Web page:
County, Osages attempt to counter virus
With the number of positive tests for COVID-19 mushrooming in Oklahoma and growing significantly in Osage County, local officials find themselves trying to be firm about the need to attempt to prevent the spread of the illness.
District 3 Osage County Commissioner Darren McKinney told his colleages and other officials attending the weekly county board meeting Monday that he struggles to get employees at his Fairfax road shop to understand they need to stop coming to work if they know that they might have been exposed to COVID-19.
“It’s hitting the Fairfax shop pretty good,” McKinney said, commenting that his road supervisor was away from work because of concerns that he might have been exposed to the illness through a relative. McKinney said he sent another employee home Monday, even though the person had no symptoms, because of the possibility of exposure.
As of Monday, the Fairfax community had 19 positive tests, and 14 people had recovered. There had been no COVID-19 deaths in that town.
In Osage County, the number of positive COVID-19 tests grew from 102 on June 8 to 160 on June 29, and then in the past month it has doubled. As of Monday, the situation report issued by the Oklahoma State Department of Health showed Osage County with 325 positive tests for COVID-19. Of those, 266 had recovered and 10 had died. The rest were active cases.
The county’s death toll from the novel coronavirus is now 10, having grown by two since mid-July. From mid-April to mid-July there were no COVID-19 deaths attributed to Osage County, but that streak has ended.
Statewide, the number of positive tests as of June 8 was 7,205. There had been 348 deaths at that juncture. As of Monday, there had been 32,686 positive tests for COVID-19 statewide, and 496 deaths. There were 625 COVID-19 patients hospitalized in the state as of July 24.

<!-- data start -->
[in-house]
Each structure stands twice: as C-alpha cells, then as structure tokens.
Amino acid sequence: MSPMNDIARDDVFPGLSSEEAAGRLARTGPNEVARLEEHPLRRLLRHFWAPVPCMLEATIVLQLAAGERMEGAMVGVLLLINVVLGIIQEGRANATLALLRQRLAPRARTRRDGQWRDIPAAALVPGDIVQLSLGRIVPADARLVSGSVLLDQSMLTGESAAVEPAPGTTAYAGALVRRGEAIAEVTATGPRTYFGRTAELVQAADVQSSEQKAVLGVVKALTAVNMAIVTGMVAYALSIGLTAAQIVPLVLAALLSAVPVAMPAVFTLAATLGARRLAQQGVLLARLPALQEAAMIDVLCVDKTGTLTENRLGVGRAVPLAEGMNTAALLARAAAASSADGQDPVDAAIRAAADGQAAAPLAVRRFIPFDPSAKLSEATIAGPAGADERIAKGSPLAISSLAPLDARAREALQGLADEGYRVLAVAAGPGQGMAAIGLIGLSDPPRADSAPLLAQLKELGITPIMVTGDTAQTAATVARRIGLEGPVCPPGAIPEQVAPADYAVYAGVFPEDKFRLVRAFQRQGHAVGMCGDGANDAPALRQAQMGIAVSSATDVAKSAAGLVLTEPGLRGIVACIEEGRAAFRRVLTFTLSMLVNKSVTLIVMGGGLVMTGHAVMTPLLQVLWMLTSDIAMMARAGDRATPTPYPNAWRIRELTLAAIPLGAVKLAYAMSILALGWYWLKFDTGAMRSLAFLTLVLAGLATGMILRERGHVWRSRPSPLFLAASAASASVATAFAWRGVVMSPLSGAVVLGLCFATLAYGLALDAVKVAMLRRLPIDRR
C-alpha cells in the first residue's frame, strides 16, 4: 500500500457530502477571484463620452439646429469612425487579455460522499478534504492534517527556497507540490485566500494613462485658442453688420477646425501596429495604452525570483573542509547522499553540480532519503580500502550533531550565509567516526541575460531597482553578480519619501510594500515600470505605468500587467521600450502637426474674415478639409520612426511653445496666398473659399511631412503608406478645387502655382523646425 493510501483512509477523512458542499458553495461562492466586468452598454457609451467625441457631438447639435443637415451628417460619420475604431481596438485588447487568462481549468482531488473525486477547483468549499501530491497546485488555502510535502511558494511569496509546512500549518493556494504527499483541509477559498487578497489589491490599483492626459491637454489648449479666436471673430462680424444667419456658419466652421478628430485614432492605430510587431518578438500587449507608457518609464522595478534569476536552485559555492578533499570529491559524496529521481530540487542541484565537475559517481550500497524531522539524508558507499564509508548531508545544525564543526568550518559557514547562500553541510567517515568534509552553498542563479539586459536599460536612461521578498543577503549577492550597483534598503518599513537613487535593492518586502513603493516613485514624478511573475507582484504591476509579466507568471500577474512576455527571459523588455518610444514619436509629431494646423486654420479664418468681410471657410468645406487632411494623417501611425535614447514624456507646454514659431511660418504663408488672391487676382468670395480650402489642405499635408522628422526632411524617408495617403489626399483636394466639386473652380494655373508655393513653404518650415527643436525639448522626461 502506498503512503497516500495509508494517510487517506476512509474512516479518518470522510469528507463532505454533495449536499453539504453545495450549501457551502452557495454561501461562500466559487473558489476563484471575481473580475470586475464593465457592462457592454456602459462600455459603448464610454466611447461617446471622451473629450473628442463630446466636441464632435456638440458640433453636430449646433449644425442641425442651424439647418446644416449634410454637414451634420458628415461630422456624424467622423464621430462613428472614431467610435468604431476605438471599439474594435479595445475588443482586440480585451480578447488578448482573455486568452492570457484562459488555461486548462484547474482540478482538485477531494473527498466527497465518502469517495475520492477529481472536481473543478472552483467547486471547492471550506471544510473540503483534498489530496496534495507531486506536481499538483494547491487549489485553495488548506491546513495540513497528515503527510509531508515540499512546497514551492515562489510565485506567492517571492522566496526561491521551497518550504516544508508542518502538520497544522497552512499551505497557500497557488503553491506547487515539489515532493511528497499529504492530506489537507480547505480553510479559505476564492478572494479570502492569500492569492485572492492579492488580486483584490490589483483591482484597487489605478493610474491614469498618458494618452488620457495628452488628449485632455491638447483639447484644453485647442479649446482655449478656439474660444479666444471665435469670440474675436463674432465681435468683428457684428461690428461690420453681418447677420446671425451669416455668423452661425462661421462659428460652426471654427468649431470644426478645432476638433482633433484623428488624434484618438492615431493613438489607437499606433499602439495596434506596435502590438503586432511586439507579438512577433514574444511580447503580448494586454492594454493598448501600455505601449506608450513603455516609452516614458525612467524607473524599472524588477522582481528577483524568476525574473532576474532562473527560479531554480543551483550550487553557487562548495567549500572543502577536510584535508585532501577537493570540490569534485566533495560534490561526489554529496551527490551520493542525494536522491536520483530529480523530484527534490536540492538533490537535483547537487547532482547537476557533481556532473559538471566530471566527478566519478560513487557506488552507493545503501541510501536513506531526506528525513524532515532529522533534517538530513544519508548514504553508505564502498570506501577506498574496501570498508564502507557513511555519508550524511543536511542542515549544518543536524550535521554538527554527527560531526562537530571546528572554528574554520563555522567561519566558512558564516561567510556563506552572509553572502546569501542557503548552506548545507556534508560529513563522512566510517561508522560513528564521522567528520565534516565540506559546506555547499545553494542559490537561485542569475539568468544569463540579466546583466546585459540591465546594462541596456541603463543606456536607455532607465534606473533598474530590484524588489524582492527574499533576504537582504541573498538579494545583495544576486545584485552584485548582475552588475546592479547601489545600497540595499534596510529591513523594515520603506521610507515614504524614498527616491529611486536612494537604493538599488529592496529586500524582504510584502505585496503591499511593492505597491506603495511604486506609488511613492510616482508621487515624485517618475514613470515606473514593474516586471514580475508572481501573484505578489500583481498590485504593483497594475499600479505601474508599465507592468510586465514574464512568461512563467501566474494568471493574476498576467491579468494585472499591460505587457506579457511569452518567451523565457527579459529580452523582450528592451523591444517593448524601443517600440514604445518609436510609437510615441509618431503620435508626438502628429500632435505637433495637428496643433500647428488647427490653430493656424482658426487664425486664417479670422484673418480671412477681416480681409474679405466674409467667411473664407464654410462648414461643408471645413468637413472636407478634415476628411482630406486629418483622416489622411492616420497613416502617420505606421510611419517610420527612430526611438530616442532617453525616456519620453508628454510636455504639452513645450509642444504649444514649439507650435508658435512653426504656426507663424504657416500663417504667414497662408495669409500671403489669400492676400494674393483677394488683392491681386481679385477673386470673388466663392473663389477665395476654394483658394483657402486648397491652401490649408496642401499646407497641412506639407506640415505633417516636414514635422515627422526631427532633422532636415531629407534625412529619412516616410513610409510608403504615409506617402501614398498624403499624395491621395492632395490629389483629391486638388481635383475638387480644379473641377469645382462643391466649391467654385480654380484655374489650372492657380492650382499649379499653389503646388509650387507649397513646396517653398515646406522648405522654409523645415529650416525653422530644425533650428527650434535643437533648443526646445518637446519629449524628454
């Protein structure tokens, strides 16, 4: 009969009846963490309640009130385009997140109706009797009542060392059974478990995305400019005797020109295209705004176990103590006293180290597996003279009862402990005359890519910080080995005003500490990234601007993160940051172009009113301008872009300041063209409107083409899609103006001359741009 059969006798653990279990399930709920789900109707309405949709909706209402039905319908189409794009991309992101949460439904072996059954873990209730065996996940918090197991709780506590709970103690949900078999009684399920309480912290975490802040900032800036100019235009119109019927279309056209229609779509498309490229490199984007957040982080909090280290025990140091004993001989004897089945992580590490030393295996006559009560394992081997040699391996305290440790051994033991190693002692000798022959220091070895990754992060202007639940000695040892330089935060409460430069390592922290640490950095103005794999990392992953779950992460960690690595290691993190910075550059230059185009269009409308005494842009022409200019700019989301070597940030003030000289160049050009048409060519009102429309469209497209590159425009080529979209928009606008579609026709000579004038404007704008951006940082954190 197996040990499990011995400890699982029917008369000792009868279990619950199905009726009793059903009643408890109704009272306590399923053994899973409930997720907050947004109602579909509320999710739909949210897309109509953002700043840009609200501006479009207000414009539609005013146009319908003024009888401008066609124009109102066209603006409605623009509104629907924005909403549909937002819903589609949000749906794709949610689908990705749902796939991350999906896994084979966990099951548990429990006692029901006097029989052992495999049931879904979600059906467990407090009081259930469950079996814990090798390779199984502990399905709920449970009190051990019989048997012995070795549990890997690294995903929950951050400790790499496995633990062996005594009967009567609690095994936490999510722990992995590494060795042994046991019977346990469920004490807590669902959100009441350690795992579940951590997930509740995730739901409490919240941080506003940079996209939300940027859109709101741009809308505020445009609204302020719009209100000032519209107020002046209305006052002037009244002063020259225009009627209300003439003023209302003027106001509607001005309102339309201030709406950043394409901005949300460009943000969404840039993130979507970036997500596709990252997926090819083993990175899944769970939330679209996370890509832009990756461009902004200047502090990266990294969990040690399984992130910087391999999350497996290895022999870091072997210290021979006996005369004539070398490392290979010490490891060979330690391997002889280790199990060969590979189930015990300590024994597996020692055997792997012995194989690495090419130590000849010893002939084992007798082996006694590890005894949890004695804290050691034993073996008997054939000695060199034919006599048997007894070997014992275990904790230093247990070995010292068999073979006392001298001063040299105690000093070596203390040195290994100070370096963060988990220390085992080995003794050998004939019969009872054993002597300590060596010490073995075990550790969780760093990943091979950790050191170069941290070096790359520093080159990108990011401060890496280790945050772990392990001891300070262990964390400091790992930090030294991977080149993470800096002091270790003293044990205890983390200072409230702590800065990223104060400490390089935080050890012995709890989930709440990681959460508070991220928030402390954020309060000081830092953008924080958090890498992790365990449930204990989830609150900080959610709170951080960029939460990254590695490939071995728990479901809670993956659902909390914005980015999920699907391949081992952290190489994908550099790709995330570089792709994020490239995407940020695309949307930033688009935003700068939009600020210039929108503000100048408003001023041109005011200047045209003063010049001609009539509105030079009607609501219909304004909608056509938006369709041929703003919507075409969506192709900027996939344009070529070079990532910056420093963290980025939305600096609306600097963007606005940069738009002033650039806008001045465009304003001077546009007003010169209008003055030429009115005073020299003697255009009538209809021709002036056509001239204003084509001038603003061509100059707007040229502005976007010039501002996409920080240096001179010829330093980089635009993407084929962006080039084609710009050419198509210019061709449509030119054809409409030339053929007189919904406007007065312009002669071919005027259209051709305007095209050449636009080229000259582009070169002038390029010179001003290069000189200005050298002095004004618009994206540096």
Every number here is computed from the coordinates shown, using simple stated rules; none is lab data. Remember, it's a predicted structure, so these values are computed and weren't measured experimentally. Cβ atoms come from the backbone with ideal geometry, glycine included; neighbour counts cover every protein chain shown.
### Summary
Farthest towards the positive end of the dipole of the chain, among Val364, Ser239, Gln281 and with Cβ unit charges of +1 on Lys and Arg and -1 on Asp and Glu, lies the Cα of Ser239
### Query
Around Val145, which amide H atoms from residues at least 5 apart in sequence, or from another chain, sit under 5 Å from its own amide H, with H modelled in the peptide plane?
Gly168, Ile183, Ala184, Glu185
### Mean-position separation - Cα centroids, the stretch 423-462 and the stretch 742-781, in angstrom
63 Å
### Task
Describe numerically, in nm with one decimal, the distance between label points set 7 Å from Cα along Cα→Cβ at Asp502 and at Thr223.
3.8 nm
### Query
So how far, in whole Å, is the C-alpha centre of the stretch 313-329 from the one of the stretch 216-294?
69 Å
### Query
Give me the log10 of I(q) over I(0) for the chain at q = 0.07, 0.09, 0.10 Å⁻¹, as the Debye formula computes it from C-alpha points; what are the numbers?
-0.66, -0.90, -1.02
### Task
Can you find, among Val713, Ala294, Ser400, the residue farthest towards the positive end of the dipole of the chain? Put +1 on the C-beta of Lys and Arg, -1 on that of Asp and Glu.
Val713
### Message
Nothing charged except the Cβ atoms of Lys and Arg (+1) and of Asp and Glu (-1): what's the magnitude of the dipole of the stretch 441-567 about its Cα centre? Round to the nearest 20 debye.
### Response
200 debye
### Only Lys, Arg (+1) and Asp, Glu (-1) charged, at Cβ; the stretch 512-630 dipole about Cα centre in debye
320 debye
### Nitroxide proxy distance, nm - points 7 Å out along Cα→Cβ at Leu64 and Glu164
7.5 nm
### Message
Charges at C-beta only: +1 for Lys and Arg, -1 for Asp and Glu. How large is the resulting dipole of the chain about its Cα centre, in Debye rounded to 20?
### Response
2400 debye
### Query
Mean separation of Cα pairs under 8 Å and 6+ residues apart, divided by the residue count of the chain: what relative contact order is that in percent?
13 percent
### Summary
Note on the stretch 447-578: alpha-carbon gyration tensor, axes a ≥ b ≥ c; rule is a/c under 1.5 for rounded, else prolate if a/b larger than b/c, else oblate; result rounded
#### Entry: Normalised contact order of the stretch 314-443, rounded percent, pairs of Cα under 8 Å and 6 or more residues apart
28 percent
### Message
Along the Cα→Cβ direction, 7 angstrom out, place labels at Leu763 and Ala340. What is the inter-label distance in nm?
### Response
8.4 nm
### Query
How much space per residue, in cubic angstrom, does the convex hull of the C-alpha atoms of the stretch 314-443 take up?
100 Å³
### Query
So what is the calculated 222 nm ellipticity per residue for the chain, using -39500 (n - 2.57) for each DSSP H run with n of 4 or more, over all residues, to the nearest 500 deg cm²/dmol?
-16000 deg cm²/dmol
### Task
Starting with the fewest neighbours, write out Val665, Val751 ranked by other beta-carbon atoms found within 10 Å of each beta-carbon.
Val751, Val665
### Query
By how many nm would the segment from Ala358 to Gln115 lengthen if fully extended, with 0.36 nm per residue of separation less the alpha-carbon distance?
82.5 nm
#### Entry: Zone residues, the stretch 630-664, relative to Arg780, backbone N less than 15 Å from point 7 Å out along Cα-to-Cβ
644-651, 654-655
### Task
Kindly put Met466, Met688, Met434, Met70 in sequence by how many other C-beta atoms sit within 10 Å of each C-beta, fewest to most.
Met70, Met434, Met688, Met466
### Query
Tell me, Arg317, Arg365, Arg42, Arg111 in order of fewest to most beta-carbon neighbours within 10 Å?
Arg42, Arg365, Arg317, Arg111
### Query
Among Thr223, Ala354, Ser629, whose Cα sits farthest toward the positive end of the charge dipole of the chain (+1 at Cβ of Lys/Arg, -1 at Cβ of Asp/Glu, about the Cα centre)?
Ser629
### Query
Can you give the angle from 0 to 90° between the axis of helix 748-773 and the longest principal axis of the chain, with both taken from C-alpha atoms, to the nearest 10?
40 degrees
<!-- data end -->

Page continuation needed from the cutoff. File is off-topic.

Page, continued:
In Osage County, the overall numbers of positive tests attributed to the larger communities have been growing. As of Monday, Hominy had 41 positive tests and one death; Pawhuska had 22 positive tests and no deaths; Barnsdall had 19 positive tests and two deaths. But the smaller communities were starting to reflect the spread of the illness — 6 positives in Osage; 4 in Burbank; 2 in Wynona.
Geoffrey Standing Bear, principal chief of the Osage Nation, also articulated a concern about ongoing awareness of the presence of COVID-19 in Osage County, and a need to monitor and prevent its spread.
Standing Bear told the Journal-Capital last Friday that the Osage Nation had tested all employees for COVID-19 three times, beginning in March, and it is now going to a regimen of testing all employees every 30 days. He said the Osage Nation has implemented this month a mandatory face mask policy for anyone entering its government buildings who will likely be unable to maintain a six-foot distance from others.
“We’re going to have to keep doing it until it goes away,” Standing Bear said in regard to testing employees every 30 days. He clarified that he’s not trying to be negative, to be a “doomsday guy,” but the virus is still on the move.